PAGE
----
measuring emission of N2O, CH
2, the wind
speed was adjusted to 1)2 m/s. Atmospheric NH3
of air#owing into the chambers and from each chamber wasdetermined with two active denuders (Ferm, 1979) ateach sampling occasion. For the analysis of CH
and CO2, four gas samples of 55 ml were taken with
syringes both at the inlet of the chamber, and from thesteel tube 30 cm from the gable on each measuring occa-sion. The samples were stored as described below for gassamples taken from the deep litter heap. The emissionwas calculated as the di!erence in the #ux between theincoming and outgoing gases. Determination of emissionwas stopped in January 1997 after 87 days, because nogas emission could be detected in January. Concentra-tions of gas in and emissions from the heaps were deter-mined twice on the "rst day, once each day from day 2to 6, twice per week from week 2 to 5, once each weekfrom week 6 to 8 and once every fortnight from week9 to 12.
2.3. Gas-phase composition
For the determination of CH4, N
(O2) gas samples were collected from the centre of the
deep litter heaps by modifying the technique of Petersenet al. (1998). The two ends of a #exible, but rigid plastictube with an internal diameter (i.d.) of 10 mm and con-taining four holes, 2 mm in diameter, per cm length wereconnected to two 2 m lengths of gas-tight Te#on tubes(i.d. 2 mm). The Te#on tubes were connected to a dia-phragm pump (Model 5002, ASF GmbH, Germany).A silicone tube was inserted into the rigid tube, but after2}3 weeks no air samples could be collected, and on day30 the silicone tube was removed from the rigid plastictube in the heap that was mixed after 30 days. A septumfor gas sampling was located immediately after the dia-phragm pump, continuously circulating air through thetubes during an experiment. Four samples of 60 ml weretaken at each sample collection with syringes. The gassamples were transferred to 5 ml glass bottles "tted withbutyl rubber septa. When transferring a sample to the glassbottle, an extra needle was inserted through the rubber sealand the bottle was #ushed with 45 ml of the gas in thesyringe; then the needle penetrating the septum was re-moved and the 15 ml remaining in the syringe was injected.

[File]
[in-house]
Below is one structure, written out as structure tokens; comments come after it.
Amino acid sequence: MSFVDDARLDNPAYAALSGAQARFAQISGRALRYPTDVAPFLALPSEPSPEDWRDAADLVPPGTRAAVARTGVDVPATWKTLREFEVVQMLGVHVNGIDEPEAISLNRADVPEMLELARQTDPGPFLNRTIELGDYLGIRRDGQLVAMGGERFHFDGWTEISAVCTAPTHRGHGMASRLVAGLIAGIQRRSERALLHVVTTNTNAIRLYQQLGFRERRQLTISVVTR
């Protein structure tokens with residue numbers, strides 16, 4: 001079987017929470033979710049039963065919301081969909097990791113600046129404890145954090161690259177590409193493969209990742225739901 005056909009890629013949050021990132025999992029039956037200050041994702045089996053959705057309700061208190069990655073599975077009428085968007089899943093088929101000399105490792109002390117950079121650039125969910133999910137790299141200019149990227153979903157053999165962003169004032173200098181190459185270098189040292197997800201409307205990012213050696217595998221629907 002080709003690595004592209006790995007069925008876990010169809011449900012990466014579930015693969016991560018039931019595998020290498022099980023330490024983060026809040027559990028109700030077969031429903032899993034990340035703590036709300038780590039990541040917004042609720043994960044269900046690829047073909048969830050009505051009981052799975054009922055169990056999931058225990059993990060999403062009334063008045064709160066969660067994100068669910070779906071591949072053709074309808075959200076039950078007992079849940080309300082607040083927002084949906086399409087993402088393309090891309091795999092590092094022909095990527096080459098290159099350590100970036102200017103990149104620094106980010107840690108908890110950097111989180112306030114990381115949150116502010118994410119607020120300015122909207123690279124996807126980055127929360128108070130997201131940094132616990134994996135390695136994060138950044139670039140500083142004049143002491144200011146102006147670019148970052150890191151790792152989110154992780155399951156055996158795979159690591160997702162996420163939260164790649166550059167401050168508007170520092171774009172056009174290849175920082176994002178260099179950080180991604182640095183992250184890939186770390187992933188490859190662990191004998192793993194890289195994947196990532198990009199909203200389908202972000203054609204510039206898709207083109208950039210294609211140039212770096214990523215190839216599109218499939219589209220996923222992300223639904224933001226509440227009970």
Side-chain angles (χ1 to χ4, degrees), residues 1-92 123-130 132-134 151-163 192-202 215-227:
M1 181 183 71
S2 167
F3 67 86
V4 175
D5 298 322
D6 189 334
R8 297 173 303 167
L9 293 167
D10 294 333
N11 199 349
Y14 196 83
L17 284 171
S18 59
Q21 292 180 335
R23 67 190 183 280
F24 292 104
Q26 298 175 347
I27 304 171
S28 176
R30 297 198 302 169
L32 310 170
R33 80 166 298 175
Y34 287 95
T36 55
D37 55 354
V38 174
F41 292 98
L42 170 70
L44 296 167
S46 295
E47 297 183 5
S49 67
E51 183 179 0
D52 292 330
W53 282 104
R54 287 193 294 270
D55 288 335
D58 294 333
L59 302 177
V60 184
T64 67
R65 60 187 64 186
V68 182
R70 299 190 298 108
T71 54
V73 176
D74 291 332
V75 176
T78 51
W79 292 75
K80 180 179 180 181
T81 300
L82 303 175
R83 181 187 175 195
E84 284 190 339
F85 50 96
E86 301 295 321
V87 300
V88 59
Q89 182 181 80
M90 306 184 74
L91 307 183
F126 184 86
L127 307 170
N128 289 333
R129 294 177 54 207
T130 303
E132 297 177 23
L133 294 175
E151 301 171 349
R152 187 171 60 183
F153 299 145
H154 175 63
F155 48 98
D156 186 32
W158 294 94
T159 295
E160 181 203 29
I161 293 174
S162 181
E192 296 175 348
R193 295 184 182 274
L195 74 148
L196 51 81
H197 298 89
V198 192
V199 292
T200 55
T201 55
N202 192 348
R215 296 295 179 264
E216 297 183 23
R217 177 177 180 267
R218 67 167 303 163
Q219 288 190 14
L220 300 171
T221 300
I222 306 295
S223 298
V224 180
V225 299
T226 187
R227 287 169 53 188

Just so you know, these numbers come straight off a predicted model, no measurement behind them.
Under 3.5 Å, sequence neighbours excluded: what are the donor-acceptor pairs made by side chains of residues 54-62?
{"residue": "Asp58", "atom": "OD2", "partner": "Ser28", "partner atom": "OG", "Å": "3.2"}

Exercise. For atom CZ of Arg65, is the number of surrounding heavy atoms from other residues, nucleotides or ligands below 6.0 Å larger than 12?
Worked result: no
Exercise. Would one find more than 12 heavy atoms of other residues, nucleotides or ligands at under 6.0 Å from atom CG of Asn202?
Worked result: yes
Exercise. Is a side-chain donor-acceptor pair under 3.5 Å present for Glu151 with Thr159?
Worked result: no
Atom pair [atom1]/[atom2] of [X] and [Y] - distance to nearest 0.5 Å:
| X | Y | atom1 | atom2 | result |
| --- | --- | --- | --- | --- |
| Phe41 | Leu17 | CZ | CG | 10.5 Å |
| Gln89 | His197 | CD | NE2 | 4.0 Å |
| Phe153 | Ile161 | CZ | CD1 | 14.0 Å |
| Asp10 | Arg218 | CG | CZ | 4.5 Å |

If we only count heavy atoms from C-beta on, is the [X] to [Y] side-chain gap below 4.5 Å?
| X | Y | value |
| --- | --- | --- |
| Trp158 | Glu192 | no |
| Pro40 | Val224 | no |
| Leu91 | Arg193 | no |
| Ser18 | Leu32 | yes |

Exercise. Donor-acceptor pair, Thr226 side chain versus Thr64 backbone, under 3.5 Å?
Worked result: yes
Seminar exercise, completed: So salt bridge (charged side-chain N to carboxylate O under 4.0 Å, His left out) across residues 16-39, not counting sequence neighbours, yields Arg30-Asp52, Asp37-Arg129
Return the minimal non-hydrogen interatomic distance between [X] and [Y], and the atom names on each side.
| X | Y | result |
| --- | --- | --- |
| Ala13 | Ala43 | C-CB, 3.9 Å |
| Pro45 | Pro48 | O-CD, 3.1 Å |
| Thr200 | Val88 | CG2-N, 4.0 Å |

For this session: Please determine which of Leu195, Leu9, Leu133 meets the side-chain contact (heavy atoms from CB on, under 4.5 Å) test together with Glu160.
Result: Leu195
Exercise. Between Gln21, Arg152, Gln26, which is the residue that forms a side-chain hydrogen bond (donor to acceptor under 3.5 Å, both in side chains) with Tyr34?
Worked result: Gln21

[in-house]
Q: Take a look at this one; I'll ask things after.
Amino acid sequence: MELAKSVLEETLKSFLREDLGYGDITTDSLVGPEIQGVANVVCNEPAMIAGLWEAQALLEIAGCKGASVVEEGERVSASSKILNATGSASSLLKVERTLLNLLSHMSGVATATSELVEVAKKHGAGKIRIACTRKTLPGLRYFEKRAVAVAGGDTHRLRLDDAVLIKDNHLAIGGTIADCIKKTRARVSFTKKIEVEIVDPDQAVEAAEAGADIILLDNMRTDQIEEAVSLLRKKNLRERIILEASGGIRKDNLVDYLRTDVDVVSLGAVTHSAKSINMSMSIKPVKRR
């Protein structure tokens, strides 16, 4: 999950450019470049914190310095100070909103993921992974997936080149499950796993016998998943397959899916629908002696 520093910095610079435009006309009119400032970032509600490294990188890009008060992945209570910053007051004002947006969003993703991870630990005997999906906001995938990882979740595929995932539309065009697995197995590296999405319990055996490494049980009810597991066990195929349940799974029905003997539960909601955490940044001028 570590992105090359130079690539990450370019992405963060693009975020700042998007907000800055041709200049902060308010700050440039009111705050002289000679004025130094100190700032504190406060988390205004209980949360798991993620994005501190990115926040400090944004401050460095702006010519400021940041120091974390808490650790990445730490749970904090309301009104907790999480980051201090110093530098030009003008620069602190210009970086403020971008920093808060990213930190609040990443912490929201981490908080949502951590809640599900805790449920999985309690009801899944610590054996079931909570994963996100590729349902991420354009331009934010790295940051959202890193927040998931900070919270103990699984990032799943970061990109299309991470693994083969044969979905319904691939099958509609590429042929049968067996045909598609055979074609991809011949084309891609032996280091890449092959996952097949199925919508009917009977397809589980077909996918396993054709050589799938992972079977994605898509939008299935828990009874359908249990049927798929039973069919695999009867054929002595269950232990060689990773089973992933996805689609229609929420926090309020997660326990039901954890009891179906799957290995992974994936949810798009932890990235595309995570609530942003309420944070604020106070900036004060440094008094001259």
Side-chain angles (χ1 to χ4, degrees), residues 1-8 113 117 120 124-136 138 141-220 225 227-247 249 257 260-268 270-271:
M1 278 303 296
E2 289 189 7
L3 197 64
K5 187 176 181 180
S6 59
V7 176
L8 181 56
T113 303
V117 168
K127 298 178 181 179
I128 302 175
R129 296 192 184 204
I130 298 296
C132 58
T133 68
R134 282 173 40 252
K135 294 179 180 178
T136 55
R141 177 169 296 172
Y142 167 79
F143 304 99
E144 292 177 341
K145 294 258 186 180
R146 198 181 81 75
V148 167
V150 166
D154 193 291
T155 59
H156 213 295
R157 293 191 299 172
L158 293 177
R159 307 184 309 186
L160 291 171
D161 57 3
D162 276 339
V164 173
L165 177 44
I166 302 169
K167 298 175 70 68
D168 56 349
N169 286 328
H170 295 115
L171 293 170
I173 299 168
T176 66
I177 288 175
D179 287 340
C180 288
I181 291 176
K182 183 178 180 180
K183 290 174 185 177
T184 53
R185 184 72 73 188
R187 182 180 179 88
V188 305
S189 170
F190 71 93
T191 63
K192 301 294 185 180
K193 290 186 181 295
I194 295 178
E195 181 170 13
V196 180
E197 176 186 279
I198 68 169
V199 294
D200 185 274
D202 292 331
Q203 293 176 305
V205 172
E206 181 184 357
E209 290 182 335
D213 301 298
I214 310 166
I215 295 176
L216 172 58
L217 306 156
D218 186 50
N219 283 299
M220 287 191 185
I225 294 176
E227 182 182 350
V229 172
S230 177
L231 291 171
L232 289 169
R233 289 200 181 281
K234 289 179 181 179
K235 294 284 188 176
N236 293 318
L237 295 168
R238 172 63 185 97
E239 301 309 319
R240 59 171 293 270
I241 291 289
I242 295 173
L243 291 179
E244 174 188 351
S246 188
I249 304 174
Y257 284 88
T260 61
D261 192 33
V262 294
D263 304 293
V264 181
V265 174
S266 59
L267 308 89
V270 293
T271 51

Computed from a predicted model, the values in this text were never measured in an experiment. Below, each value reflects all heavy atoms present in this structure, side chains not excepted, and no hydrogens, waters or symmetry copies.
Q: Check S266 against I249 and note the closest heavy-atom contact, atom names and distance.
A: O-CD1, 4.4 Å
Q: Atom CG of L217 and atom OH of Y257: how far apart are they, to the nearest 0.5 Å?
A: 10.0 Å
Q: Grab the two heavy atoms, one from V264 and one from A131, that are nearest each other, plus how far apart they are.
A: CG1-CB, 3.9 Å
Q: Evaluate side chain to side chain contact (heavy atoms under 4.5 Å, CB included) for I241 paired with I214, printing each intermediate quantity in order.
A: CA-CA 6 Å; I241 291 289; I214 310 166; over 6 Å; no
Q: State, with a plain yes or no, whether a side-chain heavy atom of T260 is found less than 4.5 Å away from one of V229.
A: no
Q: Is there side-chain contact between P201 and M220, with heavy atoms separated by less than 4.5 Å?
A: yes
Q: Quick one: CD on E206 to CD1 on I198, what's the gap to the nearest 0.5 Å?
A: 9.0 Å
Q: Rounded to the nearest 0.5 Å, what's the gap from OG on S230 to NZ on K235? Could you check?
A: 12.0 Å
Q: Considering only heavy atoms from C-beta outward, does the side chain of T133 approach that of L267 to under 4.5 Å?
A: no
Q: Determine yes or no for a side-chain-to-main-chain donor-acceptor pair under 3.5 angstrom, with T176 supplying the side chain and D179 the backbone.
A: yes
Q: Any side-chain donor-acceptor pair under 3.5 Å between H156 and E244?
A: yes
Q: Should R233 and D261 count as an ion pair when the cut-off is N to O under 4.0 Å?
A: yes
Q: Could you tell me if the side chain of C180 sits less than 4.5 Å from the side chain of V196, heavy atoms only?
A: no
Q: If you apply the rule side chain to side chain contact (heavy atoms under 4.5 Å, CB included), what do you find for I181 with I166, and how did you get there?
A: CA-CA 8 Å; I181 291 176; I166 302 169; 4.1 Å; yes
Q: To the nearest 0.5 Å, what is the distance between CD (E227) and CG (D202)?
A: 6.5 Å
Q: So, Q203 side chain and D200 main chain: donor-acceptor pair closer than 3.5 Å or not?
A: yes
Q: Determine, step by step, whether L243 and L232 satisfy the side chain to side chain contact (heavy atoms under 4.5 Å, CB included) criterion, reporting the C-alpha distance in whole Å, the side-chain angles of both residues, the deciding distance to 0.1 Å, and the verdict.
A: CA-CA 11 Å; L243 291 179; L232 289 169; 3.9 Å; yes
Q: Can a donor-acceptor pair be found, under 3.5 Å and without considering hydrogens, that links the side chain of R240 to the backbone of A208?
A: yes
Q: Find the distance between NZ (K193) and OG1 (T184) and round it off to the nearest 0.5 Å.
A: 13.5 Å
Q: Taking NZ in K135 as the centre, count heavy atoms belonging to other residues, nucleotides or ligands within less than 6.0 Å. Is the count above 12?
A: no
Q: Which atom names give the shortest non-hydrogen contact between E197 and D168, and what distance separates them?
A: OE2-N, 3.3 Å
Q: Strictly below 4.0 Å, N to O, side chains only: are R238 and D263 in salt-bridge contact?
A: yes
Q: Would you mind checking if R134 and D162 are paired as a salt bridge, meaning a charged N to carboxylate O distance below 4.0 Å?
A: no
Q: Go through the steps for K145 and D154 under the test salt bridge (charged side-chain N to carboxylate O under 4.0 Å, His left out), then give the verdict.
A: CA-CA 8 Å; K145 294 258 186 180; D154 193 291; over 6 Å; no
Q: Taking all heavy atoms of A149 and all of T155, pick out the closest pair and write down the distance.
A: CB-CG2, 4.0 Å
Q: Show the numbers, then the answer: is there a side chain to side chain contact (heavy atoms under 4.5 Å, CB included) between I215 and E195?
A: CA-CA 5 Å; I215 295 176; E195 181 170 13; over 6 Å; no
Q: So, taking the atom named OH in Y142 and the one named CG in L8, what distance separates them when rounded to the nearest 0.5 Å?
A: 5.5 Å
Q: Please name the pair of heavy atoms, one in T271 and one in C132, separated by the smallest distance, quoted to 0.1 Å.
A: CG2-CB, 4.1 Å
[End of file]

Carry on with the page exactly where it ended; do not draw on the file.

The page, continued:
2.4. Nutrient composition
COMPOSTING OAt the initiation and the conclusion of the experiment,two samples each of 2 l of organic material were takenfrom each heap. Samples of liquid (0)5 l) leaching fromthe dung heap were taken when the containers werenearly full and emptied. The samples of organic materialand liquid were stored at !183C.
Before analysis, the organic material was thawed to03C and the sample of 2 l was "nely chopped with a cut-ting machine. Representative subsamples of about 500 gof the chopped material were then cut into small piecesand from this material 100 g was taken for analysis. Allmanure samples were analysed for dry matter (DM), ashcontent, total C, Kjeldahl N (N